Wednesday, January 14, 2004

porno for you

Despite my interest in the flesh, there are actually several types I can't stomach, the pornography of violence foremost.

While all pornography is irredeemably exploitative and a form of violence perpuated against both object and viewer, those that victimize children top the list of the truly repulsive. My prurient interest has left one of my mailboxes open to such terrible invitations as "Watch 8 year-old Missy lose It!", "See me wake up my little boy up the ass!", and "Invitation to Kiddie Porn Palace - Hurry! Offer Expires in two days!". The saddening thing to note is that there are people who will take up the offer, pay or hack their way into these sites, and perpetuate the dehumanizing cycle. I'm only too glad to read on the news services when pedophiles and their supplier rings are thrown into prison.

Then there is the non-sexual pornography where violence is truly violent. Executions, bloodletting and people begging for their lives. These things take the fantasy aspect of bondage and humiliation into their fatal extremes. Think of the most disturbing violent scenes you've watched in either commercial or independent cinema and strip them of any aesthetic or story rationales - you can see death on the internet if you want to. Real death, real blood, real suffering, no acting, just pure horror. I do not see how anyone can get turned on by this, but apparently some people do. It's America's Funniest Home Videos via a murderer's eyes.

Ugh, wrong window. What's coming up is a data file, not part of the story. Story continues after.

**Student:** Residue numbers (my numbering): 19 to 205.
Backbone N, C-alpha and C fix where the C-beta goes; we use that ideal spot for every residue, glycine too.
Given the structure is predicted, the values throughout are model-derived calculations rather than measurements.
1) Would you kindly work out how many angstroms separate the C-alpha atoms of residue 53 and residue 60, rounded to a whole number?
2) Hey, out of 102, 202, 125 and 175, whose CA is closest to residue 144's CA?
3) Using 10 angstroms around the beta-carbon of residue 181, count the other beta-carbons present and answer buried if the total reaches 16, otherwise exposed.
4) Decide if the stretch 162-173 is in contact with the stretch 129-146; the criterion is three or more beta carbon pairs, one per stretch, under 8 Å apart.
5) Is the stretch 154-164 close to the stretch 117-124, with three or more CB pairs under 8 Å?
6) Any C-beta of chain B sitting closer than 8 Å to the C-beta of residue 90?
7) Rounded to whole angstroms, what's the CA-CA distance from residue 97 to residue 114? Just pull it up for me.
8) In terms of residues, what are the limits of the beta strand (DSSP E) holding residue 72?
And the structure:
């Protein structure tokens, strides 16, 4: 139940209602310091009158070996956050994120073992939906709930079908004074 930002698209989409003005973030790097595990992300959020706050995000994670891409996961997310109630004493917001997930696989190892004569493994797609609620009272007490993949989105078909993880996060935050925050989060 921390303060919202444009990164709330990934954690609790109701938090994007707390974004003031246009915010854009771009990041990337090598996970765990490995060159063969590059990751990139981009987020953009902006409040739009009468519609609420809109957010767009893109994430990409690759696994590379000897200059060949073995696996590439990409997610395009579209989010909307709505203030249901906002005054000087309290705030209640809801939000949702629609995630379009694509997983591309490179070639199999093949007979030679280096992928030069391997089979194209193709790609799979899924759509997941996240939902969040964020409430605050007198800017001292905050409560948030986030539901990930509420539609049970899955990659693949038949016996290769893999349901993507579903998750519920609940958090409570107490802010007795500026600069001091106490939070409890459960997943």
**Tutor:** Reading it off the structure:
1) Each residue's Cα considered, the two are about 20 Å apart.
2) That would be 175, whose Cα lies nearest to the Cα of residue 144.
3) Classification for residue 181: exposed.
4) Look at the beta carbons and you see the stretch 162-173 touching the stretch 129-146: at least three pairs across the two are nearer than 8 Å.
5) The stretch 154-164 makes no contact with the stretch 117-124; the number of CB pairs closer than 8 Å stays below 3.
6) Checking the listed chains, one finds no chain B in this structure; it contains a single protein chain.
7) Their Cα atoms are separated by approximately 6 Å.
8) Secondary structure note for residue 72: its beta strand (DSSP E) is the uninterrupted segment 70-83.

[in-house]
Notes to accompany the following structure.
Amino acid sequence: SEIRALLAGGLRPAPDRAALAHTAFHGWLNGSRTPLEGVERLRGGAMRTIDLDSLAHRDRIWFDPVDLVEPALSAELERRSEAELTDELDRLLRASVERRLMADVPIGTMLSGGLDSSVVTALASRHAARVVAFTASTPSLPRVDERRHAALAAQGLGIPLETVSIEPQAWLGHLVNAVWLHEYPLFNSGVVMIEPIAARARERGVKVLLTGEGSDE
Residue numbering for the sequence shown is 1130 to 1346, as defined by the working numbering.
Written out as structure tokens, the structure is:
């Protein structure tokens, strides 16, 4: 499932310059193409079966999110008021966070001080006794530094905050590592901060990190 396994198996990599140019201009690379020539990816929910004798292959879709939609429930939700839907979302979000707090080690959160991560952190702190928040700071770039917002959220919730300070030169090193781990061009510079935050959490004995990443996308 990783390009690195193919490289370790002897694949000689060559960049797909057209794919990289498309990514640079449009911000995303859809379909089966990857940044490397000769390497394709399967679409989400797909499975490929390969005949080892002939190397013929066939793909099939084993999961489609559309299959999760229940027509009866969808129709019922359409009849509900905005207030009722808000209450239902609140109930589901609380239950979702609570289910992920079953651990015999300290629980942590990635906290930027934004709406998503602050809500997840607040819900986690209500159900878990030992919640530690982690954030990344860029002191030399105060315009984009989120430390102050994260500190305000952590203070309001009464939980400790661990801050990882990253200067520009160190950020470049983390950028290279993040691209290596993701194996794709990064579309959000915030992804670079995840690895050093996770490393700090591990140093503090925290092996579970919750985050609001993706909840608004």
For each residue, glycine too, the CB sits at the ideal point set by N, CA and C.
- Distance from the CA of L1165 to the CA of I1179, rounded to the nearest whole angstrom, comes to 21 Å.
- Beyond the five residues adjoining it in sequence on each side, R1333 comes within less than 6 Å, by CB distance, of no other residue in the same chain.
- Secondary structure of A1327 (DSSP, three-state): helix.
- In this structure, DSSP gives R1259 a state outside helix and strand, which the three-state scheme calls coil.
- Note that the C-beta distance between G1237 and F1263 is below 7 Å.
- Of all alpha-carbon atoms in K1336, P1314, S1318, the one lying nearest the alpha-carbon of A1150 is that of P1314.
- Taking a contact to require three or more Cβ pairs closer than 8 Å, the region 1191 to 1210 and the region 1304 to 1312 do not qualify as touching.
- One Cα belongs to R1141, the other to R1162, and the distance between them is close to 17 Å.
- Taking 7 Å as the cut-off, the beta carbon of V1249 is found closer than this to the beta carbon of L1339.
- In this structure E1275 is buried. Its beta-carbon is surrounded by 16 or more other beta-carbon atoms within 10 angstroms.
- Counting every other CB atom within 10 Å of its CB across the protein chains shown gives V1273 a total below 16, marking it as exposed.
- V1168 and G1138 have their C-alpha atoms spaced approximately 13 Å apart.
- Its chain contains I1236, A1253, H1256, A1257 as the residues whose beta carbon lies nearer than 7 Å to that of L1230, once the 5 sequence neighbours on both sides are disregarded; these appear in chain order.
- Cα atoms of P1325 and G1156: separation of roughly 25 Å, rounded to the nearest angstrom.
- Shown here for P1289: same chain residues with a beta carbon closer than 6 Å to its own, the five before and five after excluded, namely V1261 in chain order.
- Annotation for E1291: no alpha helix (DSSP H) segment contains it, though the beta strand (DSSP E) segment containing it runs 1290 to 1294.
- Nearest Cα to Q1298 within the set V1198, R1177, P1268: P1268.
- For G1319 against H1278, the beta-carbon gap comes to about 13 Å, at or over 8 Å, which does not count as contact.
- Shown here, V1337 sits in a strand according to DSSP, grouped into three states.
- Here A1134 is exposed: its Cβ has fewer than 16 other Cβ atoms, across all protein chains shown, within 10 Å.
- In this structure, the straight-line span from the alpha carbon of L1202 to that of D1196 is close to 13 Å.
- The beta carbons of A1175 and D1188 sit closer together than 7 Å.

It is one thing for me to look at the human form and defend eroticism, putting up literature and art throughout history that celebrate human sexuality without the hangups of religion or the misguided judgments of narrow-minded puritanism, but it is another thing altogether to be shown material that is absolutely void of anything that matters. Writers and artists have been inspired by sex since time immemorial, but there is a definite difference between the erotic and the pornographic.

And yet for many, the line is blurred or is not apparent at all. Thus Anais Nin is lumped with Letters to Penthouse, and Sandro Botticelli with Ron Jeremy, and E.M. Forster's "Maurice" with Morty Valentino's "World Class Ass".

The internet, void of criticism and discernment, is democratic in the ugliest way.

Like all media.

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